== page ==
10 August 2011

The weekend gone I was away doing work, before I had left I had heard of a shooting in Tottenham which had caused riots. During my time away I had not listened to the news until on Monday evening I started receiving messages from people I knew asking if I was safe and from my father telling me not to go back to London. I switched on the news to find out how bad the riots had become, how huge areas of buildings had been set on fire, gangs breaking into shops and looting. The next day people continued to message me asking if I was ok. I said it was not my side of London and that I would be fine as my area did often have a lot of trouble. However I then received one message from a friend asking if I was ok as they had heard it had gotten really bad in my area, then someone else told me it was all over the news all day. I called home and got no reply, I called Philip’s brother who told me they had broken into a lot of shops and set some cars on fire. Philip later told me his work had sent him home and my old flat mate who lives on the other side of London had had the same thing.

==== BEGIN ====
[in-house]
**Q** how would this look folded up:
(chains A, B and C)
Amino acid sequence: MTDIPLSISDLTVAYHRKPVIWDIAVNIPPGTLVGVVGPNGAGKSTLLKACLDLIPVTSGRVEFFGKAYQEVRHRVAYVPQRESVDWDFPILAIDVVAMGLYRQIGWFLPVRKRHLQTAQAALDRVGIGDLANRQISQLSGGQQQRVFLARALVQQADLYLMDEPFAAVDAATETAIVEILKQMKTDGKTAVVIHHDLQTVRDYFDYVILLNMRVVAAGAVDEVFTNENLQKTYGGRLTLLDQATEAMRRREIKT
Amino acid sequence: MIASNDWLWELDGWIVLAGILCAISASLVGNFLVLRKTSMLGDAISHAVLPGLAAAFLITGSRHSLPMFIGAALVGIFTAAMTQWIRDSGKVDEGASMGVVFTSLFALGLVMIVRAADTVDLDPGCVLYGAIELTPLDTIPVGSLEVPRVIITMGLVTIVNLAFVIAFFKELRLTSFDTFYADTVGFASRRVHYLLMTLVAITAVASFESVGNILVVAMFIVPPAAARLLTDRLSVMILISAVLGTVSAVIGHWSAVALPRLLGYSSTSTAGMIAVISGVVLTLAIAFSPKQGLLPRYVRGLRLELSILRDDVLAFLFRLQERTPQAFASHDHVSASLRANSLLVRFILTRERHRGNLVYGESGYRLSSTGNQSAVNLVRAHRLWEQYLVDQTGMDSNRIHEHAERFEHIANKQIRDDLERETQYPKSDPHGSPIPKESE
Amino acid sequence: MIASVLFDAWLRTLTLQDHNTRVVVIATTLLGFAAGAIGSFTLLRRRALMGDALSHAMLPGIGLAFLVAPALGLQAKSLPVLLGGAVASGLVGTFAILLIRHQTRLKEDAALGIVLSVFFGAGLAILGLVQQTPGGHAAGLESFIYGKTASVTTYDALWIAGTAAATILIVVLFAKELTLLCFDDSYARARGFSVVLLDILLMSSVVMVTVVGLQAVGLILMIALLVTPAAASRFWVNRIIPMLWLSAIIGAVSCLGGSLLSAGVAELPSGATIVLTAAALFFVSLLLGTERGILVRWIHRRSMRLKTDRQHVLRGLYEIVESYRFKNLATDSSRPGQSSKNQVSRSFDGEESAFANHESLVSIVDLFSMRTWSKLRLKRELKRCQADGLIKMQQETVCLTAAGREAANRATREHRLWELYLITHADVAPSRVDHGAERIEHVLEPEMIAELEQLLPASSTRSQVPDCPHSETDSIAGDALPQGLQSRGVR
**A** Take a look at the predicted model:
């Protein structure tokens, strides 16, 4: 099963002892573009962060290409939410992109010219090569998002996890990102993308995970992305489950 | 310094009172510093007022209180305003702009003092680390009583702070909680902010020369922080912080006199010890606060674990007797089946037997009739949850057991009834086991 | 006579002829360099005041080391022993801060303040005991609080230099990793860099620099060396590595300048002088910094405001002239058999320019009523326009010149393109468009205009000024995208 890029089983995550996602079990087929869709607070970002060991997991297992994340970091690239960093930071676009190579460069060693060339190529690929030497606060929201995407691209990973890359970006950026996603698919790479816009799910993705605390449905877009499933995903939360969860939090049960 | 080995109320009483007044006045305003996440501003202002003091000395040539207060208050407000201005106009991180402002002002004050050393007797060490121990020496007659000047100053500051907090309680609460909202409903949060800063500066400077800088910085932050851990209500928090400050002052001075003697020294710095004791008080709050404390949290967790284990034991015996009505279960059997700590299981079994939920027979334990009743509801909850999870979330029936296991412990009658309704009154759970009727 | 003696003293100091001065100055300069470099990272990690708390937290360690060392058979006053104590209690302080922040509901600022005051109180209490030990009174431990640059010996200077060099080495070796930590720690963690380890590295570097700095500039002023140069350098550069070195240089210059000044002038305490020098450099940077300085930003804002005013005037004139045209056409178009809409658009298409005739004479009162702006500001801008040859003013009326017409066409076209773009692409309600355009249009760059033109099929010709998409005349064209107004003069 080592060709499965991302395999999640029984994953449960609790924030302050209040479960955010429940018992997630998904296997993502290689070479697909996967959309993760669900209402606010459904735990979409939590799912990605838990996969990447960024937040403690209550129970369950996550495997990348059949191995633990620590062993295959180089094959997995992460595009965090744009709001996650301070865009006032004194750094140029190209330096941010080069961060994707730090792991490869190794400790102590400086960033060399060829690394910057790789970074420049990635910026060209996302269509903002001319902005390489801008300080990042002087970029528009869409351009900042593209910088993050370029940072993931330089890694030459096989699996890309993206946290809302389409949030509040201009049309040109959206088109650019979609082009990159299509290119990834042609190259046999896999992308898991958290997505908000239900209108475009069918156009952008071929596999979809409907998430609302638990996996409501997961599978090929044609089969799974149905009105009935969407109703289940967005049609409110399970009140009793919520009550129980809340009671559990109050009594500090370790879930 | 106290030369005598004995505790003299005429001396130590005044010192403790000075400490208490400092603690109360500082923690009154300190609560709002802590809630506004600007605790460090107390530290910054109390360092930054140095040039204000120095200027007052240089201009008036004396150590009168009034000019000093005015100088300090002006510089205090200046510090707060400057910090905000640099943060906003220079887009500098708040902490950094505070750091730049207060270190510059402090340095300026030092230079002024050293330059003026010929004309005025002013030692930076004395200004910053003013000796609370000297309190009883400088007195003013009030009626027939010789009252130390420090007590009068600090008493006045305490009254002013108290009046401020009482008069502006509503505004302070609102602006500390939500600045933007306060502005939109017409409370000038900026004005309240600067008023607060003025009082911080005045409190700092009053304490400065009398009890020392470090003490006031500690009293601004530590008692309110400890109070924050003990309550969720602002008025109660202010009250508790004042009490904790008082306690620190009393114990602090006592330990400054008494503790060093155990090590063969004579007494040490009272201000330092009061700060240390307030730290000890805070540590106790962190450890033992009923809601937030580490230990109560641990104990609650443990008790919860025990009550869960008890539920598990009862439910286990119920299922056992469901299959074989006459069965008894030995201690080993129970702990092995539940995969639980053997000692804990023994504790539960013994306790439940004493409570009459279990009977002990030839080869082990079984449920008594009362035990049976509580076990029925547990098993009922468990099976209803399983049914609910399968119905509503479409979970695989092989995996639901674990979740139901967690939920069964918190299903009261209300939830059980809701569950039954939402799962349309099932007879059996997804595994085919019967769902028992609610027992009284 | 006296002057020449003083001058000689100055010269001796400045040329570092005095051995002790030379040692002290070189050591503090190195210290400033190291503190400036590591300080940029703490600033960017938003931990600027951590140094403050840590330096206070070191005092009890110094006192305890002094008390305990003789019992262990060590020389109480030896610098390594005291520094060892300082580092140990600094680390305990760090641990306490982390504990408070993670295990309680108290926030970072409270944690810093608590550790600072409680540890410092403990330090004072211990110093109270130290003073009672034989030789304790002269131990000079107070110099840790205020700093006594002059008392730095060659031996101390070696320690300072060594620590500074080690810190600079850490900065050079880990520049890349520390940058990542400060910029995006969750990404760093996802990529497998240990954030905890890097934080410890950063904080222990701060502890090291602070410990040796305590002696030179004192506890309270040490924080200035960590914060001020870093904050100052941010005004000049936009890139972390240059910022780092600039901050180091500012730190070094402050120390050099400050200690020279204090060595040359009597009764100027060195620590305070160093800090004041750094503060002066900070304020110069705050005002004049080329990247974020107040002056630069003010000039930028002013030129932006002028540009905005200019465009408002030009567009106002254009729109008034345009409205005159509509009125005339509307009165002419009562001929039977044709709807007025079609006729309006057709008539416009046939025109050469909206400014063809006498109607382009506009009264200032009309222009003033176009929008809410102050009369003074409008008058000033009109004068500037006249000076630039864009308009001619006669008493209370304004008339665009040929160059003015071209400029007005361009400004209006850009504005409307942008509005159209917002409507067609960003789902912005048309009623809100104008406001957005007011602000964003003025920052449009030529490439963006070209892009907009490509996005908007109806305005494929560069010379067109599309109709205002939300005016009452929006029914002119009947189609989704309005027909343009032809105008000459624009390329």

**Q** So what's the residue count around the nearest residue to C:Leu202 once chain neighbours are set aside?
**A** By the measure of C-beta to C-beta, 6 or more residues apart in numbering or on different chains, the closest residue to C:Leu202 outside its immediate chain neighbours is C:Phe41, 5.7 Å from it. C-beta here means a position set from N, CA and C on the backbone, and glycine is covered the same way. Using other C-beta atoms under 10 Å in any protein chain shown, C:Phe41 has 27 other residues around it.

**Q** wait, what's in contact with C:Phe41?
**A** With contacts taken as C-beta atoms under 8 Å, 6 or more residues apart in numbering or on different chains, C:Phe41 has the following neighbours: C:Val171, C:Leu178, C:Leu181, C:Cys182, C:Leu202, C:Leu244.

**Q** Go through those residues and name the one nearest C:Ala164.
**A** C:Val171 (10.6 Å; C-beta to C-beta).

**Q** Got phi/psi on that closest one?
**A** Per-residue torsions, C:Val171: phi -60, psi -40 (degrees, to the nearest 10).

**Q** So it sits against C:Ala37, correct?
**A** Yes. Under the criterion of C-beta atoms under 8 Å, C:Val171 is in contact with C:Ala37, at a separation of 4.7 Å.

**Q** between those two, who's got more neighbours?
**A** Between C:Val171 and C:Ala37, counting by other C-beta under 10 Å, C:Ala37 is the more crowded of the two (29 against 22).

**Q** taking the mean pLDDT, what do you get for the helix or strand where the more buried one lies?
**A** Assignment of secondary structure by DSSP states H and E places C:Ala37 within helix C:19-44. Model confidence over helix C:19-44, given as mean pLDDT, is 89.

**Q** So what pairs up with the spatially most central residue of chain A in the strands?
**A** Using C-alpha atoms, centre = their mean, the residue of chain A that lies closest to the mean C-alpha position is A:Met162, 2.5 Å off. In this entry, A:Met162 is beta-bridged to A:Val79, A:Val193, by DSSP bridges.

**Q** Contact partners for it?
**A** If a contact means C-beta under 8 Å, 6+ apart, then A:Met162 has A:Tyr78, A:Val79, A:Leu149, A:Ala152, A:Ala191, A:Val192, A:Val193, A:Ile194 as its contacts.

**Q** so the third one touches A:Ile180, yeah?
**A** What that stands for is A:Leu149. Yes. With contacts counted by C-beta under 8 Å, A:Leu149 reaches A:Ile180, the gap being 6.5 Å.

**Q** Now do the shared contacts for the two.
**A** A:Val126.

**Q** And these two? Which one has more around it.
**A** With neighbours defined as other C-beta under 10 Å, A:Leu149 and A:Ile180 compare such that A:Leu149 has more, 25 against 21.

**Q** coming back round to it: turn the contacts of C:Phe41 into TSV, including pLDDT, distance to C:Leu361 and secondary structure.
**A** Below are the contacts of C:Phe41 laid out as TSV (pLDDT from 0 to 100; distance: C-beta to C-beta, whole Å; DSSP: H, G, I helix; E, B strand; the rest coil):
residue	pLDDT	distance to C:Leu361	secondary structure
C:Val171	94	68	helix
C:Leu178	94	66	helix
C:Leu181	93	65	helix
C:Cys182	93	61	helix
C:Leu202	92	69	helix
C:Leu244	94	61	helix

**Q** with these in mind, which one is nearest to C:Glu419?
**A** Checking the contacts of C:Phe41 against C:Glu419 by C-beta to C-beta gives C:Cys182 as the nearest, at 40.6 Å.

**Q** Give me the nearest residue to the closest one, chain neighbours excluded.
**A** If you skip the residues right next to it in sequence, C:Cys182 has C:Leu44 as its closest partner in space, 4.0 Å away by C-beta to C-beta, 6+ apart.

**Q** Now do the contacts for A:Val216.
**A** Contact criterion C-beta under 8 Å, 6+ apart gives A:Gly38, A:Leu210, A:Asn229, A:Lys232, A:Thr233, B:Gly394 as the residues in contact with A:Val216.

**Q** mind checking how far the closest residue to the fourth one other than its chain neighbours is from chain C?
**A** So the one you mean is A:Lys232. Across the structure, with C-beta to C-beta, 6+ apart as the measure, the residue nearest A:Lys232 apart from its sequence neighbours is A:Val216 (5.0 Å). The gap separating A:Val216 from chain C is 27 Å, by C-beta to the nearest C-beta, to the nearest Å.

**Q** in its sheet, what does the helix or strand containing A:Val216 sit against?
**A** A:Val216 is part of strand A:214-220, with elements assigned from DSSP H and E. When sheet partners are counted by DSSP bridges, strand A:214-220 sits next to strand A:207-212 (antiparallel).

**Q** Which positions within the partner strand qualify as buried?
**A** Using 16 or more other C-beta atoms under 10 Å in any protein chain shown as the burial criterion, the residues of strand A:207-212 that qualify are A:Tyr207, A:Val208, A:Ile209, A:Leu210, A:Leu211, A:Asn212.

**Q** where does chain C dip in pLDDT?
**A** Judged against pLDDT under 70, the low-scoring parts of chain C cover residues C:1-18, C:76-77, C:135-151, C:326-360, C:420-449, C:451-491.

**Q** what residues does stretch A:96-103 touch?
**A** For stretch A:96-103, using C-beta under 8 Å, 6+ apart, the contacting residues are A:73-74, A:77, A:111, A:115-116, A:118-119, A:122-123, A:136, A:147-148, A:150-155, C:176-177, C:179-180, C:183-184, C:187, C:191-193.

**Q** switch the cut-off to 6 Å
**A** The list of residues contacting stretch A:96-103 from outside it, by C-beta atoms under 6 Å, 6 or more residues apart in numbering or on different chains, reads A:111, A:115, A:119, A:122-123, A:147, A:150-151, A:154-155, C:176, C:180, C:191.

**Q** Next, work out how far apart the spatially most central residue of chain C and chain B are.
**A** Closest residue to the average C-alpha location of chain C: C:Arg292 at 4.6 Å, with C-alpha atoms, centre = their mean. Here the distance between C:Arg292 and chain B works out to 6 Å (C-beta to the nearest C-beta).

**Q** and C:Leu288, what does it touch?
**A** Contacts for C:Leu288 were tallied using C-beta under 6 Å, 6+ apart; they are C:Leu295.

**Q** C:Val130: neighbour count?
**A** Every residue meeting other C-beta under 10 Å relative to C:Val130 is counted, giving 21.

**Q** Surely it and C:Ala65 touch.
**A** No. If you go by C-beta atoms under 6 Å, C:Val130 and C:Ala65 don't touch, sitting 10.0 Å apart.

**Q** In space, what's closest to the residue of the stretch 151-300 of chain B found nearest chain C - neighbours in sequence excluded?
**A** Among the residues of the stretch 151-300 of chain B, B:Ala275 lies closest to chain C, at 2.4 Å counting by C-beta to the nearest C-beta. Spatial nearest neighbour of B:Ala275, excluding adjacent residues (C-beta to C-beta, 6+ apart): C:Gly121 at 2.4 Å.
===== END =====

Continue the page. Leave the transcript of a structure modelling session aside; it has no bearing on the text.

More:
When I returned to London late that night I walked out of a very quiet train station on the outskirts of where I live and saw 25-30 people in hoods with bandanas over their faces; I was the only one around and I knew what they were going to start doing so I got on the bus and dialled 999 .I had never done that before but I hoped that maybe I had stopped something happening. To my disappointment my mother told me the next day that that area had been attacked last night as she saw it on the news, so either the police never showed up or they ran off and did it anyway. I returned home that night to Philip who told me he couldn’t get home from work on the Saturday night by bus as the roads were full of people rioting; the Broadway Mall was set alight, all the shops smashed, streets worth of cars smashed up, and as he made his way home he watched kids walk past him carrying TVs. The next day the supermarkets wouldn’t open and the stores were boarded up. The night I returned home locals stood on the street corners with baseball bats trying to protect their friend’s stores from chaos.